I am extremly sorry that the question has ever become necessary to be agitated, and that there should be a decision upon it. No one in this house [407] will live long enough to see an end put to the

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mischief which will be the result of the doctrine that has been inculcated; but the arrow is shot, and the wound already given.7

All arguments fetched from Locke, Harrington, and speculative men, who have written upon the subject of government, the law of nature, or of other nations, are little to the purpose, for we are not now settling a new constitution, but finding out and declaring the old one.8

The doctrine of representation seems ill founded; there are twelve millions of people in England and Ireland who are not represented. The parliament first depended upon tenures; representation by election came by the favor of the crown, and the notion now taken up, that every subject must be represented by deputy, is purely ideal. The doctrine of representation never entered the heads of the great writers in Charles the First's time against ship money or other illegal exertions of the prerogative, nor was the right of representation claimed in the Petition of Rights at the great era of the revolution.9

The colonists,

—thus he continued, after having answered one by one the writs and records quoted by Lord Camden, the arguments fetched from the Marches of Wales, from the counties palatine, from Guernsey and Jersey, from the case of the clergy, as well as those drawn from the colonies of antiquity, and from the states of Holland;—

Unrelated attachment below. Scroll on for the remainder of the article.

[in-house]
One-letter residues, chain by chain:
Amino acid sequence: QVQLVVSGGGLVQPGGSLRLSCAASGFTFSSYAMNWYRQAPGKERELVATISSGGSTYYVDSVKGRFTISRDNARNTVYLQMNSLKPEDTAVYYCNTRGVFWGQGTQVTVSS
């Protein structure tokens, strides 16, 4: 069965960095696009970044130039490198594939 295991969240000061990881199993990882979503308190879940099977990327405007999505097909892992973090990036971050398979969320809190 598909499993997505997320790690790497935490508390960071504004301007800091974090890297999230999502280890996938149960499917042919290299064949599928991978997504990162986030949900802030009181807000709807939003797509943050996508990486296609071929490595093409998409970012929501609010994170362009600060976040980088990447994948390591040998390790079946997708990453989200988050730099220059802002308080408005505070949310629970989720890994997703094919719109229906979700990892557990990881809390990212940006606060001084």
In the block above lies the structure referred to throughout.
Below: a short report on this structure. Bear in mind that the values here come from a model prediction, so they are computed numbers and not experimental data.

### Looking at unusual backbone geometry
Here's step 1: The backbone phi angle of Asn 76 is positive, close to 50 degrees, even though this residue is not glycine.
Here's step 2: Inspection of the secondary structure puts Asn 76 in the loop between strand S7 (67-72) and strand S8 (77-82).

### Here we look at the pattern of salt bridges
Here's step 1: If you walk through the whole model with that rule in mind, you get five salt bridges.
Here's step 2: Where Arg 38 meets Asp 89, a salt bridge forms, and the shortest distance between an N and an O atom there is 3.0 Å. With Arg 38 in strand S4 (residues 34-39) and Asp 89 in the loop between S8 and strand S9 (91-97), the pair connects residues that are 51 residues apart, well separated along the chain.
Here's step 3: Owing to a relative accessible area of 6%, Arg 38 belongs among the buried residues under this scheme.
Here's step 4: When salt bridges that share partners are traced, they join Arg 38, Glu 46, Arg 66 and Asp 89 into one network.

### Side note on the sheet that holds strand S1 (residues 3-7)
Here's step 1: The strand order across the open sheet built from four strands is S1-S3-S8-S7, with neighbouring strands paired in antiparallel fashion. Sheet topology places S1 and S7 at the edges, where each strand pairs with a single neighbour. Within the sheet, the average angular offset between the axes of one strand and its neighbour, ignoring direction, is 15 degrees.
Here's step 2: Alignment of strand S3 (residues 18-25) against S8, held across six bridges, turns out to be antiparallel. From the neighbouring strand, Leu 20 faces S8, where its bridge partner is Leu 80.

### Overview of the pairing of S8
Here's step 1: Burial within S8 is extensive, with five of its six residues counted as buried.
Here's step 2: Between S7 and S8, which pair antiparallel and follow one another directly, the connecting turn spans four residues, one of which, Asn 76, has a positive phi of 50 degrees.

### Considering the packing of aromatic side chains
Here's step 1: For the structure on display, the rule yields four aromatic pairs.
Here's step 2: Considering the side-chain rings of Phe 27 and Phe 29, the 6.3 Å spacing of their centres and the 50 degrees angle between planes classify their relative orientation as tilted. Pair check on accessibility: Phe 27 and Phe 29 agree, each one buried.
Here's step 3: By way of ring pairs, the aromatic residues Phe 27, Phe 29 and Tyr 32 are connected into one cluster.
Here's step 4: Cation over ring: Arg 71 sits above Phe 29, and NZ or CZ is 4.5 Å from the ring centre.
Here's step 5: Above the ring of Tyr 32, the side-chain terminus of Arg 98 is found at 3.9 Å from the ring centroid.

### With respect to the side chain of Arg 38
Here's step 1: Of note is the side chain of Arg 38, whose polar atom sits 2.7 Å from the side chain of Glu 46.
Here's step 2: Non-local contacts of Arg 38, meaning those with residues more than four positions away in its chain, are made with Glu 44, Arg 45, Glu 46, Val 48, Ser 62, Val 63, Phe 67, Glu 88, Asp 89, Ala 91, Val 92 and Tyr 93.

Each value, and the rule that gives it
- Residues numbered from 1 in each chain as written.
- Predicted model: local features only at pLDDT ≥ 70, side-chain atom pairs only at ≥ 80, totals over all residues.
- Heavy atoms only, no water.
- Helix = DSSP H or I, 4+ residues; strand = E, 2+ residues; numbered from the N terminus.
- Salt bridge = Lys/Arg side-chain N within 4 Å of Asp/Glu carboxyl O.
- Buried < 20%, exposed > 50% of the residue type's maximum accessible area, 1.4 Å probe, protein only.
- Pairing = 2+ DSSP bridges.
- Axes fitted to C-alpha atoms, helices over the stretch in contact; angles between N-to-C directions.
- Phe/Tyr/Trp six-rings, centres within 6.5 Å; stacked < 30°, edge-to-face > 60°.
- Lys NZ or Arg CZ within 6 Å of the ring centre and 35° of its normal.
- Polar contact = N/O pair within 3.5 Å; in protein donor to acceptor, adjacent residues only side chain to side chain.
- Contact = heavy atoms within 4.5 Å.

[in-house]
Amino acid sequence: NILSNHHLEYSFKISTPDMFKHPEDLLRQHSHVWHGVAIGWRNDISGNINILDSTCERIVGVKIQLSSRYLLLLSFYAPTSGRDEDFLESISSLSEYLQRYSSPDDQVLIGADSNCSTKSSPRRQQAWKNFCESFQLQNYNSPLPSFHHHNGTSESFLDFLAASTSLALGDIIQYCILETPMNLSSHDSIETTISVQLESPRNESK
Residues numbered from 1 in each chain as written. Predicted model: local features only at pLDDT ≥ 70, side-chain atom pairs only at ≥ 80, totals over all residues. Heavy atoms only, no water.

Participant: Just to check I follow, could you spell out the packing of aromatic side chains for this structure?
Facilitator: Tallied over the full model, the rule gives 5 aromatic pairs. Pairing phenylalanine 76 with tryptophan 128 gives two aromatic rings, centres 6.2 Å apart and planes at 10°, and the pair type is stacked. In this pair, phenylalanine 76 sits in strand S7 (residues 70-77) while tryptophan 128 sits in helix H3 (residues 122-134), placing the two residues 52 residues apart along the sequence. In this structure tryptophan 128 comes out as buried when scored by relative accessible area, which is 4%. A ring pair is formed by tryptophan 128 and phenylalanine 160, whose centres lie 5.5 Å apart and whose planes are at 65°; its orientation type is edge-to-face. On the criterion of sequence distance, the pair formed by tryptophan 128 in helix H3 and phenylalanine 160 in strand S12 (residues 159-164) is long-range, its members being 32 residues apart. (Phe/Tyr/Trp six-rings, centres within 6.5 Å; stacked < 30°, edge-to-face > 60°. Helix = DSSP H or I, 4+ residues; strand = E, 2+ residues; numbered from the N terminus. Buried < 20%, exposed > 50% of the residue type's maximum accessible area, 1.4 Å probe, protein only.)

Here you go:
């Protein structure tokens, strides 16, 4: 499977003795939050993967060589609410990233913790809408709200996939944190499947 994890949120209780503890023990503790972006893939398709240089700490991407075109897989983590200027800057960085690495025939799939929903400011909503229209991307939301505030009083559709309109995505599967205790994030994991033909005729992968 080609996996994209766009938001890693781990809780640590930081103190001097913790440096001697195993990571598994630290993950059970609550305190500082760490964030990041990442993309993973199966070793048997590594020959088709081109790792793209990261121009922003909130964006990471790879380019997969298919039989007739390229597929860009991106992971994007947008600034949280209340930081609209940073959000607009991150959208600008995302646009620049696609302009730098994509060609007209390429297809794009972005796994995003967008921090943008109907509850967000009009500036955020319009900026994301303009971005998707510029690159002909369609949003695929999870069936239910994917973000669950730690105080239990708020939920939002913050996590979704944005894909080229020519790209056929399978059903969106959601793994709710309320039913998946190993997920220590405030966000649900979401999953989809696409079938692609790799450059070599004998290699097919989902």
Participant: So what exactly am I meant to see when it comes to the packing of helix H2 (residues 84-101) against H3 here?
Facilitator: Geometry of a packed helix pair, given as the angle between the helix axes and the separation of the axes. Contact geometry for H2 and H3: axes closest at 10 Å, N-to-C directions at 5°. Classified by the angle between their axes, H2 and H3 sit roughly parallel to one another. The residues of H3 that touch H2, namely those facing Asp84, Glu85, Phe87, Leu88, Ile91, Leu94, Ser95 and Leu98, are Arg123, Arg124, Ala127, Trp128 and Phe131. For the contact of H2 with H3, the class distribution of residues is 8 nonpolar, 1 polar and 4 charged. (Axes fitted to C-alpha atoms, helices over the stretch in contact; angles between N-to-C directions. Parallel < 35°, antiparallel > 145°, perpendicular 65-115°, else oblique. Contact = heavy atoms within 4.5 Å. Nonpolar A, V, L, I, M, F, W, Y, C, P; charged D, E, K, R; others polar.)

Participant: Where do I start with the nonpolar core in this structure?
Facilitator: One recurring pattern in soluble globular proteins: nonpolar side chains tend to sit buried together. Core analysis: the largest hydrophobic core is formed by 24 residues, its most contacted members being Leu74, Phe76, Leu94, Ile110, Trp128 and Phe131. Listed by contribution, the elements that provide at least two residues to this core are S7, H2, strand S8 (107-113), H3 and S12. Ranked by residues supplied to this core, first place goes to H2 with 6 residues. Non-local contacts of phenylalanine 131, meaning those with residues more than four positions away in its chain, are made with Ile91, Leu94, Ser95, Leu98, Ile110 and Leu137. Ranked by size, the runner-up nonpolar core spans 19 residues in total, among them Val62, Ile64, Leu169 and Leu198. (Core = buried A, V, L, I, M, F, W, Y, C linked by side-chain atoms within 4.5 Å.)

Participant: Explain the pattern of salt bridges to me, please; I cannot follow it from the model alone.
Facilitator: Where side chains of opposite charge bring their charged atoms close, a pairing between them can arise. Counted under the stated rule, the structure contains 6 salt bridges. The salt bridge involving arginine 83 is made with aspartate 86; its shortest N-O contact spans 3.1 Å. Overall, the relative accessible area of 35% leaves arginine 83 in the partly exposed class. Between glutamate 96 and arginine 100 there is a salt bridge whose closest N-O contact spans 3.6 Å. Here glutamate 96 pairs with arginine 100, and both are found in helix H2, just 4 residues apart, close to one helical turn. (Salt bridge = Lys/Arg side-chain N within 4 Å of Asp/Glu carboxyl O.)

the colonists, by the condition on which they migrated, settled and now exist, [408] are more emphatically subjects of Great Britain, than

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those within the realm; and the British legislature have, in every instance, exercised their right of legislation over them without any dispute or question, till the fourteenth of January last.

Our colonies emigrated under the sanction of the crown and parliament, upon the terms of being subjects of England. They were modelled gradually into their present forms, by charters, grants, and statutes; but they were never separated from the mother country, or so emancipated as to become their own masters. The very idea of a colony implies subordination and dependence, to render allegiance for protection. If they are not subjects, they ought to pay duties as aliens.10 The charter colonies had among their directors members of the privy council and of both houses of parliament, and were under the authority of the privy council. In the nineteenth year of James I. a doubt was thrown out in the House of Commons, whether parliament had any thing to do with America, and the doubt was immediately answered by Coke.11 The rights of Maryland were, by charter, coextensive with those of any Bishop of Durham in that county palatine, and the statute book shows that Durham was taxed by parliament before it was represented. The commonwealth parliament passed a resolution or act, and it is a question whether it is not in force now, to declare and establish the authority of England over its colonies. The charter of Pennsylvania, who have preposterously taken the lead,

and Franklin was present to hear this,
is stamped with every badge of subordination;12 and a [409] particular saving as to all English acts of parliament.
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Could the king's bench vacate the Massachusetts charter, and yet the parliament be unable to tax them? Do they say this, when they themselves acquiesced in the judgment, and took a new charter?13

In 1724, the assembly of Jamaica having refused to raise taxes for their necessary support, the late Lord Hardwicke, then Attorney-General, and Sir Clement Wearg, Solicitor-General, gave their opinion that if Jamaica is to be considered as a conquered country, the king may tax it by his own authority; if otherwise, it must be by the British legislature.